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Many in Beijing glance disdainfully at coming rudeness ban

BEIJING -- Take heed, rude Beijingers: Mind your manners, or someone else will.

Apparently frustrated by its limited success in persuading Beijing residents to stop spitting, act more courteously, and show a friendlier face to strangers in preparation for the 2008 Olympics, the Beijing municipal government has opted for a more top-down approach.

Starting next month, Beijing shopkeepers who vent their anger, act impatiently, glance at customers disdainfully or act absent-mindedly are in violation of the law. Also forbidden under the draft regulations are sarcastic or ironic comments, vague explanations, and grabbing customers to coerce them into buying something, according to a report released on a state media website last month.

As the capital of the Middle Kingdom prepares to play host to the world in a little fewer than two years, it's hoping law will trump centuries of culture.

"The ancient capital has produced residents with a reputation for generosity and big gestures, but it's also fostered a tradition of arrogance in Beijingers reflected in the commercial and service industry," the China News Service reported. "Complaints of bad service in Beijing are all over the Internet."

Song Xuelei, a 27-year-old student, said he applauded the idea. His pet peeve is getting dirty looks from shopkeepers when he's only window shopping.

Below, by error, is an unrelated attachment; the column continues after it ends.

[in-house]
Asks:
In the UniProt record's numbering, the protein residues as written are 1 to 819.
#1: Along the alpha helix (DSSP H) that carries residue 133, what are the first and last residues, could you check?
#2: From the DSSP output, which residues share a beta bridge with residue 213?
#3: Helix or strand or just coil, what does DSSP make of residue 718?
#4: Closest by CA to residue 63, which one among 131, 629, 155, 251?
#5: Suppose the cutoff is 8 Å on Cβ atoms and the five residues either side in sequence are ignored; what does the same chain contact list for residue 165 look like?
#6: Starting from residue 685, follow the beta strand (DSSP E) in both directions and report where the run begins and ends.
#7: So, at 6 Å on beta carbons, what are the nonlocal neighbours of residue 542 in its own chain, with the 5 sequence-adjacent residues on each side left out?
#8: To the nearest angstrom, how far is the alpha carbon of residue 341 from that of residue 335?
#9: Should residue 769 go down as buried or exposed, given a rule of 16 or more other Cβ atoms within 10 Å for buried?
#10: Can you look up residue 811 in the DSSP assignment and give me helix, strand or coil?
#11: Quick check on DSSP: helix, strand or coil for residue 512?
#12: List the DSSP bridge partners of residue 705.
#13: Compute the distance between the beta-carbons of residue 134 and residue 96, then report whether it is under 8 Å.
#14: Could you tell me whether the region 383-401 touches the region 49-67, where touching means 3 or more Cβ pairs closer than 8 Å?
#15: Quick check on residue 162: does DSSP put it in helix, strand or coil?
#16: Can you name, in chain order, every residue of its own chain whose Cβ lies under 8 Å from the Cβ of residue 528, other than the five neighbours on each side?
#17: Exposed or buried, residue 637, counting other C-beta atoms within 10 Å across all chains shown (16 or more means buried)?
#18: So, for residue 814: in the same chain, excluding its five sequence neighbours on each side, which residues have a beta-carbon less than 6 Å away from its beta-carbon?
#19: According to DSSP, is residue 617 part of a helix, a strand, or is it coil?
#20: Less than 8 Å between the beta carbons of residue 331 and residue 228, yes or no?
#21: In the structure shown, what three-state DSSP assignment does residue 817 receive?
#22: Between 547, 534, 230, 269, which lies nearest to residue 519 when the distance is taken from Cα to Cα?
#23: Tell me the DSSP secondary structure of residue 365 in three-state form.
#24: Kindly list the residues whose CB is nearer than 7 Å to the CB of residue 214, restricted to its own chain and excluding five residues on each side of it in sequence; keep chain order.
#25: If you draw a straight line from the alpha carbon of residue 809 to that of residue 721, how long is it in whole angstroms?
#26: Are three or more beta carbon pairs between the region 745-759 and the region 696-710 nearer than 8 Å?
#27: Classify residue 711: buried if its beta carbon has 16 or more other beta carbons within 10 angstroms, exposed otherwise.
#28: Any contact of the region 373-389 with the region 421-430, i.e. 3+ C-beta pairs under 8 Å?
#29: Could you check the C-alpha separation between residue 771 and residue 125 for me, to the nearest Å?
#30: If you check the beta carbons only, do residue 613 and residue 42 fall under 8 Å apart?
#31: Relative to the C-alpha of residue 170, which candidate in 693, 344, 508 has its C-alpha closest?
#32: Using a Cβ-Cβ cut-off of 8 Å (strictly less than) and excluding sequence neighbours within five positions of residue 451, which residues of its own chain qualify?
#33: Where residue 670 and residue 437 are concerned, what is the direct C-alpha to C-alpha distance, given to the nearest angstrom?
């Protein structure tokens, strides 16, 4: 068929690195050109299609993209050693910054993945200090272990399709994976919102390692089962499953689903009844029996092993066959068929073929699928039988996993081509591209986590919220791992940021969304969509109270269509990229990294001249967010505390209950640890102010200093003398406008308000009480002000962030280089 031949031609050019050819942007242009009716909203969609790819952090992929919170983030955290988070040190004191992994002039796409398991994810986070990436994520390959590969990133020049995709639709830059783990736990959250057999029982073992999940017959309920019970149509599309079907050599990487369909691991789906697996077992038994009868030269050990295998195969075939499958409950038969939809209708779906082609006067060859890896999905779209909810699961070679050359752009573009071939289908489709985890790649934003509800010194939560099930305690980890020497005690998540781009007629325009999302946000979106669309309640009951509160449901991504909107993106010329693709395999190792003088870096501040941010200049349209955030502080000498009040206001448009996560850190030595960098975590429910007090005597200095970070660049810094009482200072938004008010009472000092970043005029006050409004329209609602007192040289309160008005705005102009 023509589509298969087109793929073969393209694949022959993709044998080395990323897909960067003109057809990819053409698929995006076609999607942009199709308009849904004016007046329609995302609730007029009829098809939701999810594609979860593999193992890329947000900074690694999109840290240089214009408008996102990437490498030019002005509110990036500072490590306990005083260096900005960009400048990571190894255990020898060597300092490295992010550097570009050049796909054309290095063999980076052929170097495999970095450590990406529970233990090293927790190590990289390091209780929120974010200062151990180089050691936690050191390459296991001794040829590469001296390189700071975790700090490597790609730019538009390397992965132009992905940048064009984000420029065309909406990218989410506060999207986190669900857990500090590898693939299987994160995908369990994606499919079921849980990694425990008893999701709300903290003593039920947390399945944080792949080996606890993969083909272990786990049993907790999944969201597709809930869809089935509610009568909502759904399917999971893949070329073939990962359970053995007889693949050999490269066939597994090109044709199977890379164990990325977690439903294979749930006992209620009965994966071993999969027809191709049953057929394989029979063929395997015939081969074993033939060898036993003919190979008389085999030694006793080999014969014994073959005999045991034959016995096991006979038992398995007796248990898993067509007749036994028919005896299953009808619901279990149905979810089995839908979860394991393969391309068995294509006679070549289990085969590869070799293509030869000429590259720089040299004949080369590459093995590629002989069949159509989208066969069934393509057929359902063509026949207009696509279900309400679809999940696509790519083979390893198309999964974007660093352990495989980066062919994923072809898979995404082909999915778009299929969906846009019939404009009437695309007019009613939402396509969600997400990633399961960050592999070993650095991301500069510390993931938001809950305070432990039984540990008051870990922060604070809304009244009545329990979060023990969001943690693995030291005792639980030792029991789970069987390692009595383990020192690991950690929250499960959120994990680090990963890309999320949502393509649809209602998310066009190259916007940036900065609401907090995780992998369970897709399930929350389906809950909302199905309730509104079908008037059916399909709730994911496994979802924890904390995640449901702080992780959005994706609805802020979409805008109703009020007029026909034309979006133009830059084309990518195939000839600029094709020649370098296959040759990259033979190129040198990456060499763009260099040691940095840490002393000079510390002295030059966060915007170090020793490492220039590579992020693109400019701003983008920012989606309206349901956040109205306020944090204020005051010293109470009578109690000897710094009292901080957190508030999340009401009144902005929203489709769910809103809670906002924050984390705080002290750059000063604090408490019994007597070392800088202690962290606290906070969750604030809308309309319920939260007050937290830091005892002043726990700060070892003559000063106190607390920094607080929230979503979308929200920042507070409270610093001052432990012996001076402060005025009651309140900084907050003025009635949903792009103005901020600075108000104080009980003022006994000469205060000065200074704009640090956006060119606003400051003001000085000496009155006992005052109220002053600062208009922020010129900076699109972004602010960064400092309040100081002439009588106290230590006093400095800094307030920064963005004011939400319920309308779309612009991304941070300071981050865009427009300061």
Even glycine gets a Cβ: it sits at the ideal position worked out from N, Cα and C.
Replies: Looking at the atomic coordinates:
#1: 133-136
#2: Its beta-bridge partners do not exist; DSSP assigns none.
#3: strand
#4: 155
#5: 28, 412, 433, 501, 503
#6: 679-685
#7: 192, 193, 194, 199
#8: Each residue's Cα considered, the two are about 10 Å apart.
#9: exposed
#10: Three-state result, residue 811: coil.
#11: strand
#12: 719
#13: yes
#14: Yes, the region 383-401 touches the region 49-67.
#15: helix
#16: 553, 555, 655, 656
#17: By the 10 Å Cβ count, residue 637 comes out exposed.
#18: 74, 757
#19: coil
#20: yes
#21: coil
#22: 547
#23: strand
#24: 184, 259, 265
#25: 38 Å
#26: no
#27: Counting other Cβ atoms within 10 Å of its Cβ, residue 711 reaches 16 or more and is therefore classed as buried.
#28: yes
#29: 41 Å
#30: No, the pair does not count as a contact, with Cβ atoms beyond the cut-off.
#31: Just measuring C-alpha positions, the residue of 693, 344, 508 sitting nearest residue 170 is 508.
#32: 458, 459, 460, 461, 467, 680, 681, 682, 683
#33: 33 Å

But enforcing the new rules, which take effect Feb. 1, could be a bit difficult. "People get emotional," Song said. "Maybe the shopkeeper had a bad day. It's a bit hard to control. And I don't really think this is the government's business. We just need to change people's behavior over time."

Ivy Li, 30, an advertising executive carrying a shopping bag on a recent day, sees little need. "I've never met a rude sales clerk in Beijing," she said, expressing a view not widely shared.

In Internet chat rooms, comments appeared to be running roughly 90 percent against the new regulations.

"This is ridiculous," said an anonymous posting on, one of China's largest Web portals. "No matter what rules you pass, Beijingers remain Beijingers."

The government report makes no mention of penalties, leading to speculation about how the regulations will be enforced. What will a consumer need to prove that he or she was wronged? Will a cell phone video clip become the supporting evidence of choice?

The real problem, some Internet users said, is state-owned stores with their lazy workers -- an illustration of how quickly ordinary complaints in China these days can morph into criticism of the government, especially in large cities.

"All stores should be private," one posting said. "Then maybe consumers would be treated like gods!"

As with the Soviet bloc, bad service was a Beijing fixture during decades of central planning.

"In the old days, many consumers used to keep quiet even if they weren't satisfied," said Victor Yuan, chairman of Beijing-based Horizon Research Consultancy Group, which does polling for the private sector and the party. "Increasingly, people feel they have the right to complain and demand better service."

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